On February 20, 2023, tens of thousands of people gathered again in front of the Israeli parliament, which is to vote in the first reading on the controversial judicial reform.
Jerusalem – Tens of thousands of people gathered again today in front of the Israeli parliament, which is to vote in the first reading on the controversial judicial reform. Haaretz newspaper wrote that according to unofficial estimates, there are at least one hundred thousand people at the demonstration. A similar protest took place in Jerusalem a week ago, when according to the organizers, 100,000 people took part in it, other sources wrote about 70,000 to 80,000 demonstrators at the parliament building. Today, Prime Minister Benjamin Netanyahu told deputies of his Likud party that “protesters trample on democracy” and “disrespect the results of the elections,” Haaretz wrote, citing a Likud deputy.
The daily Haaretz published a video this afternoon showing crowds of people waving Israeli flags around the parliament. Earlier, local media also reported on demonstrations in Tel Aviv and other cities. The Jerusalem Post newspaper reported in the morning that demonstrators blocked some roads, including the one leading from Tel Aviv to Ben Gurion International Airport. Groups of protesters also sat in front of the houses of several government MPs in the morning to prevent them from going to parliament. The server of The Times of Israel wrote in the morning that thousands of parents with their children are demonstrating in front of schools in various parts of the country.
The police in Jerusalem built barriers around the parliament building and increased the deployment of police officers in the streets. Several protesters were detained due to road blockades today, The Jerusalem Post reported. National Security Minister Ben-Gvir today criticized the police for failing to prevent roadblocks. “Freedom of speech yes, anarchy no. We must keep the country running and not allow anarchists to paralyze it,” said Ben-Gvir.
Large demonstrations against the judicial reform proposal have been held in Israel since the beginning of January every Saturday in Tel Aviv, and later spread to other cities. The proposed coalition government, which also includes far-right and ultra-Orthodox parties, is subject to criticism from a wide spectrum, and many fear for Israeli democracy. For example, the former head of Israel's Mossad intelligence service, Tamir Pardo, said that sweeping reforms would move Israel towards a dictatorship.
“The government is submitting two laws for the first vote that will abolish democracy in Israel,” opposition leader and prime minister until last December Jair Lapid said today at his party's meeting. According to him, tonight Israel will take the first step towards a non-democratic state. Lapid also accused the government coalition of rejecting dialogue and a mad dash for hasty and irresponsible legislation. “There has been no real discussion of the terrible damage this legislation will do to the economy and our livelihoods, or the danger to (Israeli) security or the fact that it is dividing the Israeli people,” Lapid said today.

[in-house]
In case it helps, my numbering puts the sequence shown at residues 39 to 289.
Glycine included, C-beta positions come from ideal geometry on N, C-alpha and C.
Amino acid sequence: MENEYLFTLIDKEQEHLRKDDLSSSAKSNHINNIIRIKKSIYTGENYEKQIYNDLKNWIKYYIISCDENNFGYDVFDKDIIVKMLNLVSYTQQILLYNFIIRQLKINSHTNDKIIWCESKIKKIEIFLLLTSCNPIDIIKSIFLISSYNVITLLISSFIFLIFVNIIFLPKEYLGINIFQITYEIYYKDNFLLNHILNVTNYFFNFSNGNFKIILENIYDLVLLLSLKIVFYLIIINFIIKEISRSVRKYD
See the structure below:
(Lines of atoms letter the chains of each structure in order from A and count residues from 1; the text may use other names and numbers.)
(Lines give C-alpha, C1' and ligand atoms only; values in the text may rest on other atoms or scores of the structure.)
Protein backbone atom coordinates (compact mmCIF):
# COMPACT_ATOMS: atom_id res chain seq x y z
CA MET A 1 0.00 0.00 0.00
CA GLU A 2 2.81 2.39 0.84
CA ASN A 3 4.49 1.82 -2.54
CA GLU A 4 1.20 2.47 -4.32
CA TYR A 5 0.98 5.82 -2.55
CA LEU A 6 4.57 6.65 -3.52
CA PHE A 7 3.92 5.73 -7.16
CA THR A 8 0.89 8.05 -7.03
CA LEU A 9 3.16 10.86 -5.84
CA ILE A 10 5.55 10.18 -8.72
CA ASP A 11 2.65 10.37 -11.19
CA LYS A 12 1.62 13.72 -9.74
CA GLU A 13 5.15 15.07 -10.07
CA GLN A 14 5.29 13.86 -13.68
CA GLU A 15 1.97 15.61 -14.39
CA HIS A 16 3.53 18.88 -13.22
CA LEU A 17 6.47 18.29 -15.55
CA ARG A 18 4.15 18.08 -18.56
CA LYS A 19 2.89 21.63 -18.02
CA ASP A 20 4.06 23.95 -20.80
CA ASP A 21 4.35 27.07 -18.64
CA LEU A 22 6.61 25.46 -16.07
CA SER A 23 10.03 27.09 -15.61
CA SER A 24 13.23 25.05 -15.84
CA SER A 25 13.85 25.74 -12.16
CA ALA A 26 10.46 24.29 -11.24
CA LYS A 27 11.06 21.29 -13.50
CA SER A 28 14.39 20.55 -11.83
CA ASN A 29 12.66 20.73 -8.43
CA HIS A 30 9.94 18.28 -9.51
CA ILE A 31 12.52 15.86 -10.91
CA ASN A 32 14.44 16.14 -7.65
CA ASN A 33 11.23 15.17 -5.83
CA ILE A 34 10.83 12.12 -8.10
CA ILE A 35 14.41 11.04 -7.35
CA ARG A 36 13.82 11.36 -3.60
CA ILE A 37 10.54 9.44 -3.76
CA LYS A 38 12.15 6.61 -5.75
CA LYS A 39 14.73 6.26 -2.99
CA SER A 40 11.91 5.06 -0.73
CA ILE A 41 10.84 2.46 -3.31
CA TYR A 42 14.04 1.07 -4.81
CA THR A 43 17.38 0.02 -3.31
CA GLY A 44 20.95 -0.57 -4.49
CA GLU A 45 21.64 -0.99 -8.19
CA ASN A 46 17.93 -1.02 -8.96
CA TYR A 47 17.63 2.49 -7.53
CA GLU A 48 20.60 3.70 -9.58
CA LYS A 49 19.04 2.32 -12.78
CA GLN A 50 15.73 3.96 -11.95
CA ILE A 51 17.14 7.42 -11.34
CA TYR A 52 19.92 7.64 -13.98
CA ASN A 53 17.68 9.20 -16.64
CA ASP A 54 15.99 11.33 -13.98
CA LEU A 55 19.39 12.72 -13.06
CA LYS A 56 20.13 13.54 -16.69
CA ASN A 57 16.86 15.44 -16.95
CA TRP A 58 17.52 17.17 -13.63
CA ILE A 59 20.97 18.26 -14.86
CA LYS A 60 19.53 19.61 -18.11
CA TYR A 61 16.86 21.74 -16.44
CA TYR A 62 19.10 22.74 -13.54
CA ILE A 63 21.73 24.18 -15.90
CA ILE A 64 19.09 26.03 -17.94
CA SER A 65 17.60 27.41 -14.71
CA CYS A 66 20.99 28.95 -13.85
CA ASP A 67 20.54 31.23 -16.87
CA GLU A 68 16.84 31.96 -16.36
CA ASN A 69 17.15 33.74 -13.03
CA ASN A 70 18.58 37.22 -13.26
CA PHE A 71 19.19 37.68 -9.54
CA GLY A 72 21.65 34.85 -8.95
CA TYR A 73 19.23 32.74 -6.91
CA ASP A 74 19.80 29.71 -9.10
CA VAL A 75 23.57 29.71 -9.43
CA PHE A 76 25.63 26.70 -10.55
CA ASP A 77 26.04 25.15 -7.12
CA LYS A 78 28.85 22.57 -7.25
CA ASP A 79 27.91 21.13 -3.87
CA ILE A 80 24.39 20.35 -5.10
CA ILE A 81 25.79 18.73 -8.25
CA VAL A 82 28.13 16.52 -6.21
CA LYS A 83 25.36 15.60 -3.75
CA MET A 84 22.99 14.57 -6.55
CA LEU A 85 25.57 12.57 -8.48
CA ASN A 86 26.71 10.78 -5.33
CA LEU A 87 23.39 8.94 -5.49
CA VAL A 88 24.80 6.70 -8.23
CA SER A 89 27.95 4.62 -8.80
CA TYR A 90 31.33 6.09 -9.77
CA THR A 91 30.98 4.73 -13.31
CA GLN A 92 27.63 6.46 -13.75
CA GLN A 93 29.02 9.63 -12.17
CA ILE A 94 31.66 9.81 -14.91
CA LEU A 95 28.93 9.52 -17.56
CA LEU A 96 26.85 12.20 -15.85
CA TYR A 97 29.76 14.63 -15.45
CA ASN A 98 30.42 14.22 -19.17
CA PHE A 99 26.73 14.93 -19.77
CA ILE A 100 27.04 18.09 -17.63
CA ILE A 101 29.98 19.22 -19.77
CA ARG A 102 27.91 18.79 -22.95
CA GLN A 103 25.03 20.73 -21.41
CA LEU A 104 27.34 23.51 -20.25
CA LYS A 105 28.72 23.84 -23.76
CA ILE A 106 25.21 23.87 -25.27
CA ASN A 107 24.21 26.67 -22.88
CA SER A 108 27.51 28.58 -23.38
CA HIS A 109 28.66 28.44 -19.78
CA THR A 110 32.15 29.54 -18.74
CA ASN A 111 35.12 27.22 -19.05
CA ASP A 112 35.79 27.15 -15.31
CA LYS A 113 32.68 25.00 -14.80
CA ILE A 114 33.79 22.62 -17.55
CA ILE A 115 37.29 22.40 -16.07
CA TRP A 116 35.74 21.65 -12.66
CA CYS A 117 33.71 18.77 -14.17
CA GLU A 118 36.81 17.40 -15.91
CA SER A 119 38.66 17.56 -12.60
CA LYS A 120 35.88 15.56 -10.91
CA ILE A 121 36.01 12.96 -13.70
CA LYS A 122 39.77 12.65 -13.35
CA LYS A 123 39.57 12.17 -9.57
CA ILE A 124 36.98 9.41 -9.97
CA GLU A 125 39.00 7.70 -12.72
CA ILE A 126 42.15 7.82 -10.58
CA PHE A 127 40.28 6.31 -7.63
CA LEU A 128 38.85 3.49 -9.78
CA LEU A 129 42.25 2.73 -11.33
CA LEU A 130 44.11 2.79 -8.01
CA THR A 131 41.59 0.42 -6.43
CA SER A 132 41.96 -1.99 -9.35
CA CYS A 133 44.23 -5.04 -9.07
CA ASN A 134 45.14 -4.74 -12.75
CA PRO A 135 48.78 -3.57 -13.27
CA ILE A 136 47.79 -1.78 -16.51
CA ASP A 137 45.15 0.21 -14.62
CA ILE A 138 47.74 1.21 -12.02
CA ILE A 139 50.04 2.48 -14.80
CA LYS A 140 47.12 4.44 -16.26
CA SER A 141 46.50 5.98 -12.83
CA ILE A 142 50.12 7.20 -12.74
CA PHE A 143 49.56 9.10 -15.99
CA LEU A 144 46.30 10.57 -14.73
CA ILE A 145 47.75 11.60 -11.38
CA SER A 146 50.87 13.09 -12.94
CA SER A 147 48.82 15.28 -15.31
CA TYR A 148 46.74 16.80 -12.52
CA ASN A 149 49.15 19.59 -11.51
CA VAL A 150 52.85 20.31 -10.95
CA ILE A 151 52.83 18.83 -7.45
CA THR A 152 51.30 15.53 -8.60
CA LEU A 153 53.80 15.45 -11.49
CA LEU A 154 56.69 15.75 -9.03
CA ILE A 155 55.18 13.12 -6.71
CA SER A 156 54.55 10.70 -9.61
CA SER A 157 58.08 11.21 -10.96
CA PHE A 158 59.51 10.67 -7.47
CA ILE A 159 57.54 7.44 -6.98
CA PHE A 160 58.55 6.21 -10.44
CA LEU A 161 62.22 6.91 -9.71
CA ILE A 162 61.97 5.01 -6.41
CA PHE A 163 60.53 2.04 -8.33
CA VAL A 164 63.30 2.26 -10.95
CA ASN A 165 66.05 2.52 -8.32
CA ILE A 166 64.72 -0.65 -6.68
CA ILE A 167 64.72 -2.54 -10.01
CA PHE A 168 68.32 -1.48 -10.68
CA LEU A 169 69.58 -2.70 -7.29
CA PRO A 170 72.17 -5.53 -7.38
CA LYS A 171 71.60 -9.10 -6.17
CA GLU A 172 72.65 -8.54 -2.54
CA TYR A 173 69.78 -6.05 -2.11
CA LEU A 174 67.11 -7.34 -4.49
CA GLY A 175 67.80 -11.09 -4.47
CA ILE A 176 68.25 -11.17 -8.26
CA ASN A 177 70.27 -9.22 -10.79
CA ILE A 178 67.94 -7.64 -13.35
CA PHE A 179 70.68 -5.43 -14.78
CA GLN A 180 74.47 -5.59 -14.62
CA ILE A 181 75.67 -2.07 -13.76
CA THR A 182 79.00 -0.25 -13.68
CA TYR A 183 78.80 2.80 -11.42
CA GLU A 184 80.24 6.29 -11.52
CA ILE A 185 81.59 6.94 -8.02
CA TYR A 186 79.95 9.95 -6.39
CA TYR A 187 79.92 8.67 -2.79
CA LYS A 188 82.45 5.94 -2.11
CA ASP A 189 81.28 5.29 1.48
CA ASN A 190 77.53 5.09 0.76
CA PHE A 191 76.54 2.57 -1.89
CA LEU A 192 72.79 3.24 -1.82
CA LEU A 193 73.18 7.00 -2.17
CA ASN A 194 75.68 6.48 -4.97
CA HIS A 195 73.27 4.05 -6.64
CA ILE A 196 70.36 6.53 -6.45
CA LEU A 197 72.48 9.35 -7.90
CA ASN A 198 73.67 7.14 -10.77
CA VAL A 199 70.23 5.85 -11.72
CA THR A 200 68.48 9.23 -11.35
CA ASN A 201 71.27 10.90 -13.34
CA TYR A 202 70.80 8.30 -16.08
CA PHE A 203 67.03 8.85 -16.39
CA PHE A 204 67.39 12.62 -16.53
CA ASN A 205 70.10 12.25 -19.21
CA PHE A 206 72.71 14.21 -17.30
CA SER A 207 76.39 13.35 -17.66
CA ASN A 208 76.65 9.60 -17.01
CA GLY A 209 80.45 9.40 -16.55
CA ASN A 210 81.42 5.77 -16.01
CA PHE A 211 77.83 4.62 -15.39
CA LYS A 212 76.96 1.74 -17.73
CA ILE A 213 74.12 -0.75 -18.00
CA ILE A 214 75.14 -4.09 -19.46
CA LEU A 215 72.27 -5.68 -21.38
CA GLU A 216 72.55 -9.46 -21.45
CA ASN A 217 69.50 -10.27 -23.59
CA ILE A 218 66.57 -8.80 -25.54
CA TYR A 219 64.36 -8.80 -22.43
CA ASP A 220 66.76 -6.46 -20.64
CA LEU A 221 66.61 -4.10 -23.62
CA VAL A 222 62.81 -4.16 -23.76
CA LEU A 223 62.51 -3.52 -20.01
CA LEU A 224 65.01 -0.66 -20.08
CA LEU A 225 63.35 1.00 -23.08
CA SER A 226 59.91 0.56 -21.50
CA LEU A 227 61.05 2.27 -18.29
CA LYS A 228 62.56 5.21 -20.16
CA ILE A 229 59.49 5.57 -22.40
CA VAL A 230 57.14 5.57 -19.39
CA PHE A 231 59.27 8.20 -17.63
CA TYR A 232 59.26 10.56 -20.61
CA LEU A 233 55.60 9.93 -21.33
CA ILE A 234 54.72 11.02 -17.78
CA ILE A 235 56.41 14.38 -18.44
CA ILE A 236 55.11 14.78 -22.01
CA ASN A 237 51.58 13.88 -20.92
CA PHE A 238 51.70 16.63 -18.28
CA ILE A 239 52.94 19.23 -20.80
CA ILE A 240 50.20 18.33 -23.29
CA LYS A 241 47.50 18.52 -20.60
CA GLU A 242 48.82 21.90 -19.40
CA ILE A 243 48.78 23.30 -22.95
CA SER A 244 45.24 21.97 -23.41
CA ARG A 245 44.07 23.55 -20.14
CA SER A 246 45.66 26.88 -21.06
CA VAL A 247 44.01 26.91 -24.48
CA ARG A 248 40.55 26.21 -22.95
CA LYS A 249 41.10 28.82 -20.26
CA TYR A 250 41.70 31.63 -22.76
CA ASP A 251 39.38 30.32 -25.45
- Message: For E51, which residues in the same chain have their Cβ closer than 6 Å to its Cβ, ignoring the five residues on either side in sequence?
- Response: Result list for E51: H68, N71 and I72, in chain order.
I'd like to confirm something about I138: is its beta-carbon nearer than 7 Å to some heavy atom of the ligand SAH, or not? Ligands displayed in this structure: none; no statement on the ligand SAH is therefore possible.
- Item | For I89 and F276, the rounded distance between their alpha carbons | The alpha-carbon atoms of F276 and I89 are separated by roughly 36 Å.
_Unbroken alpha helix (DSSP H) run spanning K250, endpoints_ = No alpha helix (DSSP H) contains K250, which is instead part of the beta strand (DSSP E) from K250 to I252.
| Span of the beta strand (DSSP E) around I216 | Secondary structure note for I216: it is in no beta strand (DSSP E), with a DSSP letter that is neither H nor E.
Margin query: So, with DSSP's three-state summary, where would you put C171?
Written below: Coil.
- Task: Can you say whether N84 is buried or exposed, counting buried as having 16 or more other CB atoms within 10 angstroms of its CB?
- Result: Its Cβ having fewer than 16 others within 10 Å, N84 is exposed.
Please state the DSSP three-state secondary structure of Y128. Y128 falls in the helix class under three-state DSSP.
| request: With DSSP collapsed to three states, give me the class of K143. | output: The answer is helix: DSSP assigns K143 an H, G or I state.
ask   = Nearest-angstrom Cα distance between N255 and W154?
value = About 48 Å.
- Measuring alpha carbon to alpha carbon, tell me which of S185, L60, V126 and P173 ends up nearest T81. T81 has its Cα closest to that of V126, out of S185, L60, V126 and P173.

“The founding fathers (of the State of Israel) did not imagine that we should have an undemocratic regime. They knew that democracy is not only about counting the voters' votes, but also about listening to them. Today, Prime Minister Benjamin Netanyahu, you are not listening to the voters,” another opposition leader, Benny, told the Prime Minister Ganc.
Israeli President Yitzhak Herzog also called on the government more than a week ago to wait before approving the reform and seek a compromise with the opposition. The American ambassador to Israel Tom Nides also said at the weekend that the government should slow down and seek consensus on the reform, the proposal of which in its current form could threaten the democratic functioning of Israeli institutions.
Parliament is to vote in the afternoon, from five o'clock CET , about the first part of the judicial reform. The part concerning the appointment of judges of the Supreme Court is to be approved in the first reading, according to the reform, the government coalition would gain control over the appointment. Another part of the proposal is to prevent the Supreme Court from being able to block laws referred to as “fundamental laws”, i.e. those that replace a constitution that Israel does not have, AP reminded.
Critics of the reform also fear that the government will will be able to designate any legislation as “fundamental law” and will limit the influence of the Supreme Court on it. Some say the reform will also help Prime Minister Benjamin Netanyahu in his corruption prosecution. Netanyahu denies guilt in the trials and defends the judicial reform by saying that it is necessary to limit activist judges who, according to him, interfere with the executive power.